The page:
What the DSA and DMA Mean For Our Digital Human Rights

Author:Julie Lubken

Department:Europe Team

The European Union has recently passed two landmark legislations for the digital era: the Digital Services Act (DSA) and the Digital Markets Act (DMA). These two pieces of legislation are fundamental in a time where online platforms such as Google, Facebook and Amazon are increasingly prevalent and indispensable. The European Union has taken a critical look at Big Tech's role, its monopoly and how citizens and users can be offered more protection.

Big Tech's evolutionary issues

Since their conception in the early 2000s, technology companies have gone from garage-based start-ups to globally known and billion-dollar industries. Their size and recognition have allowed for an amassing of power that is unimaginable to the ordinary person (Zuboff, 2019). Even more incredible is the lack of safeguards and mechanisms in place to prevent this exponential growth from being harmful to users around the world.

Indeed, with their immense growth has come several instances of malpractice such as privacy infringements, lack of content moderation and the development of autonomous algorithms which suggest content to users without being supervised (Electronic Frontier Foundation, n.d). These are harmful practices that impede the internet from retaining its status as a place where individuals can express themselves freely, gain access to a broad range of information and ultimately have choice over how they spend their time online. Big Tech (known as Google, Amazon, Facebook, Apple and Microsoft) has additionally made it impossible for alternatives to their platforms to develop; they monopolise the technology market leaving users little to no choice in choosing their products rather than looking for safer alternatives with a greater regard for user privacy (Stolton, 2022).

Additionally, controlling Big Tech is a challenge to today's states. Big Tech's global nature means that bringing them under one law is tricky and does not halt their systemic problems (Stanley, n.d). What's more, Big Tech collectively is an economic powerhouse and brings in revenue to countries around the globe. Especially in the United States, the financial advantages of Silicon Valley are not to be undermined. Nevertheless, regulation is important and possible, as demonstrated by the European Union.

Regulation is crucial

Given this, what exactly do the DMA and the DSA provide European citizens with? In order to answer this question, a brief overview of the content of the legislation is called for. The core purpose of the Digital Services Act is to define the responsibilities and obligations of the companies that provide services such as messaging, emailing, web-hosting and other such online platforms (Stolton, 2022). The European Union has strived to harmonise rules so that the internet, and the platforms most used online, can be trusted to protect users, fundamental rights. Concretely, this means that Google, Amazon, Microsoft and other companies with more than 45 million monthly users will have to show authorities within EU Member States and designated authorities within the EU that they are taking initiative to remove harm (European Commission, 2022). Harm in this sense is understood as any dangers to users that come from the design of a platform, how the algorithm works, how the platform functions and how it is used (European Commission, 2022).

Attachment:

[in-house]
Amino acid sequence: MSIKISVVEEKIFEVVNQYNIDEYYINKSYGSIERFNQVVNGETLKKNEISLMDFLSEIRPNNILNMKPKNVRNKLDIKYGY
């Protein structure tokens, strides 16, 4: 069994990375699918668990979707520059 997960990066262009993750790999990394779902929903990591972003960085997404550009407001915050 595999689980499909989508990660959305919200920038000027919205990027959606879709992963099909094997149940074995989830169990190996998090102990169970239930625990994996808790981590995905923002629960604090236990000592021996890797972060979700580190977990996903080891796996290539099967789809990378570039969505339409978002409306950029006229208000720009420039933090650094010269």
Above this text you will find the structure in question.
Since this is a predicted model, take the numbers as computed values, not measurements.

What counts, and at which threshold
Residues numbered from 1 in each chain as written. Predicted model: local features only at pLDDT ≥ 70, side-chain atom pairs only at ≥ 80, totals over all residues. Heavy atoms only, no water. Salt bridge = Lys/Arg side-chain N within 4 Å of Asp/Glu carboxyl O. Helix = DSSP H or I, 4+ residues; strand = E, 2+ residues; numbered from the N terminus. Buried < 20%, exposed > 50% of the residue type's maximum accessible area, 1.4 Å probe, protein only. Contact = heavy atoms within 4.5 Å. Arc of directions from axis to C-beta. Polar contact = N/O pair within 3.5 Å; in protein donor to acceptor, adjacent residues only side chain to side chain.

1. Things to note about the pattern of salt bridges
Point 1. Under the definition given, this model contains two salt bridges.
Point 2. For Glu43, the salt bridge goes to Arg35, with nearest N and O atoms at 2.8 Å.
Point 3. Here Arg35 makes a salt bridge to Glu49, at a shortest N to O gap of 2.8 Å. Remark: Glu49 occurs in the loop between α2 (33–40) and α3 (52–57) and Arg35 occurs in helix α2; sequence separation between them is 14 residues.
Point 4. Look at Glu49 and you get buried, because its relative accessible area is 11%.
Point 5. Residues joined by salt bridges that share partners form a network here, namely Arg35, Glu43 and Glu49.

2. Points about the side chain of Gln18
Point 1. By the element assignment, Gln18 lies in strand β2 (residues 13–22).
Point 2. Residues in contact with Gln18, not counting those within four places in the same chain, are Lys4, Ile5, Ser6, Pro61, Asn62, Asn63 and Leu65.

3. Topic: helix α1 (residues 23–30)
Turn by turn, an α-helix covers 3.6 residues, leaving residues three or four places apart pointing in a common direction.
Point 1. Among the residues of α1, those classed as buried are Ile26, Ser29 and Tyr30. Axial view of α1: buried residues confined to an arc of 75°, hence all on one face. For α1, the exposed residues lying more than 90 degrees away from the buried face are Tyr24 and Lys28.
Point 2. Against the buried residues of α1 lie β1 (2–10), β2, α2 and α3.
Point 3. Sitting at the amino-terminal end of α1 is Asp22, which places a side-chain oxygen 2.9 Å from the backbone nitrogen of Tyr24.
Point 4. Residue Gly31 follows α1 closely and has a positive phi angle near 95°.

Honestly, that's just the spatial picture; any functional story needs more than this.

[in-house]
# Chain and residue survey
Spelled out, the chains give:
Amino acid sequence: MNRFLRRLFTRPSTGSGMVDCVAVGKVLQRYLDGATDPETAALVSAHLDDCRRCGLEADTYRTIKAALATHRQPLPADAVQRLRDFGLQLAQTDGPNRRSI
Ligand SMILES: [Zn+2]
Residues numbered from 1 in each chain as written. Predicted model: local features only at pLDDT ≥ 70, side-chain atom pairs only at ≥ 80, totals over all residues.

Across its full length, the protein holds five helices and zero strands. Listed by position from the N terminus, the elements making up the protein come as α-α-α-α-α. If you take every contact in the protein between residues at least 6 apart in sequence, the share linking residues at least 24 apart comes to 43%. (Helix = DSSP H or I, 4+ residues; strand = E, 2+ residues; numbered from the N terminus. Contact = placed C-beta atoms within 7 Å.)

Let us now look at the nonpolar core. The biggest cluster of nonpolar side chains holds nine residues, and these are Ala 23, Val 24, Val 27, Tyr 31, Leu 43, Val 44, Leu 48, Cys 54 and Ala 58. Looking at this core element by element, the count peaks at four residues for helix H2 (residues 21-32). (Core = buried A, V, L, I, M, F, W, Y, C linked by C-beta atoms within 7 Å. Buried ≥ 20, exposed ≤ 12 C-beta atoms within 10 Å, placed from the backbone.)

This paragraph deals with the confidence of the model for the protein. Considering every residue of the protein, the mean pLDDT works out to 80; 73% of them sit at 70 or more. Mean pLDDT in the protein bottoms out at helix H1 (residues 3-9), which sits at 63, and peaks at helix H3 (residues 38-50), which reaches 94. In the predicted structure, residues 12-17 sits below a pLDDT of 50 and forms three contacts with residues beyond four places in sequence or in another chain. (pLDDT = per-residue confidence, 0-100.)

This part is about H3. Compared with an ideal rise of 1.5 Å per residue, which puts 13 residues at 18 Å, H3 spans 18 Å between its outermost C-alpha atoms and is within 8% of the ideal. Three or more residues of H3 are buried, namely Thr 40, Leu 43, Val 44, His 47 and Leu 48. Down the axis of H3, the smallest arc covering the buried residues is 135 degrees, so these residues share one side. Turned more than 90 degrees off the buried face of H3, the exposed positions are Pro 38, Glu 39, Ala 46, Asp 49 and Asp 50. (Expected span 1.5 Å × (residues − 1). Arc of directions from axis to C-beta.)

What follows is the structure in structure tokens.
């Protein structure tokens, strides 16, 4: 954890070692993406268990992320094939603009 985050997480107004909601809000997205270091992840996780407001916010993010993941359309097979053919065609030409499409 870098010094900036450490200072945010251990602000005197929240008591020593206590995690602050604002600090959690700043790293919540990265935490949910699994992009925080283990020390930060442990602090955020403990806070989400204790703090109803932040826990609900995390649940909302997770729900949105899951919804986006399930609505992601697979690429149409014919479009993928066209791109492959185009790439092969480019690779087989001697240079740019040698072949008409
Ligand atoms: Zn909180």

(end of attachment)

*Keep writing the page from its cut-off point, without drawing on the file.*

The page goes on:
This entails that large technology companies will have to carry out risk assessments and look at how illegal content is spread and whether there are any negative effects on fundamental rights, civic discourse, electoral processes, gender-based violence or public security (Amnesty International, 2022). The DSA will require many Big Tech companies to completely rethink their way of working. They may not be able to recommend content in the same manner anymore nor have the same harmful advertising systems, based on the systematic surveillance of the user.

The Digital Markets Act is more focused on preventing Big Tech from dominating the technological market and preventing other companies from being able to compete. This is extremely necessary from a human rights perspective as it helps to ensure that the online world remains a fair space where users are able to choose what platforms best suit them rather than automatically resorting to Google as a search engine (Moore & Tambini, 2021). This has sent shockwaves through executives of the likes of Google, Microsoft and Amazon as it means that they will no longer be able to favour their own platforms. Much of their revenue comes from the cumulation of services like Google Search, Google Mail and Google Maps (Stolton, 2022. Without these being built into Android and Apple products, they stand to lose a substantial amount of their annual income.

The EU as a regulatory leader

The measures that the European Union are taking to protect citizens from the harms of Big Tech are singular and unique in the world. The EU has identified the risk that technology of this kind presents to our human rights, online as well as offline. Big Tech is synonymous with surveillance and manipulation (Zuboff, 2019). Not only that, but it is incompatible with the right to privacy; it threatens freedom of opinion as well as the freedom of thought, equality and non-discrimination. As these platforms become more automated, the flaws only increase without the watchful eye of a knowledgeable person.

The way that human rights are treated online reflects offline dynamics. Making sure that the internet remains a safe space, unencumbered by the immoral and authoritarian practices of companies and ill-intended states is essential to develop a digitalised world further.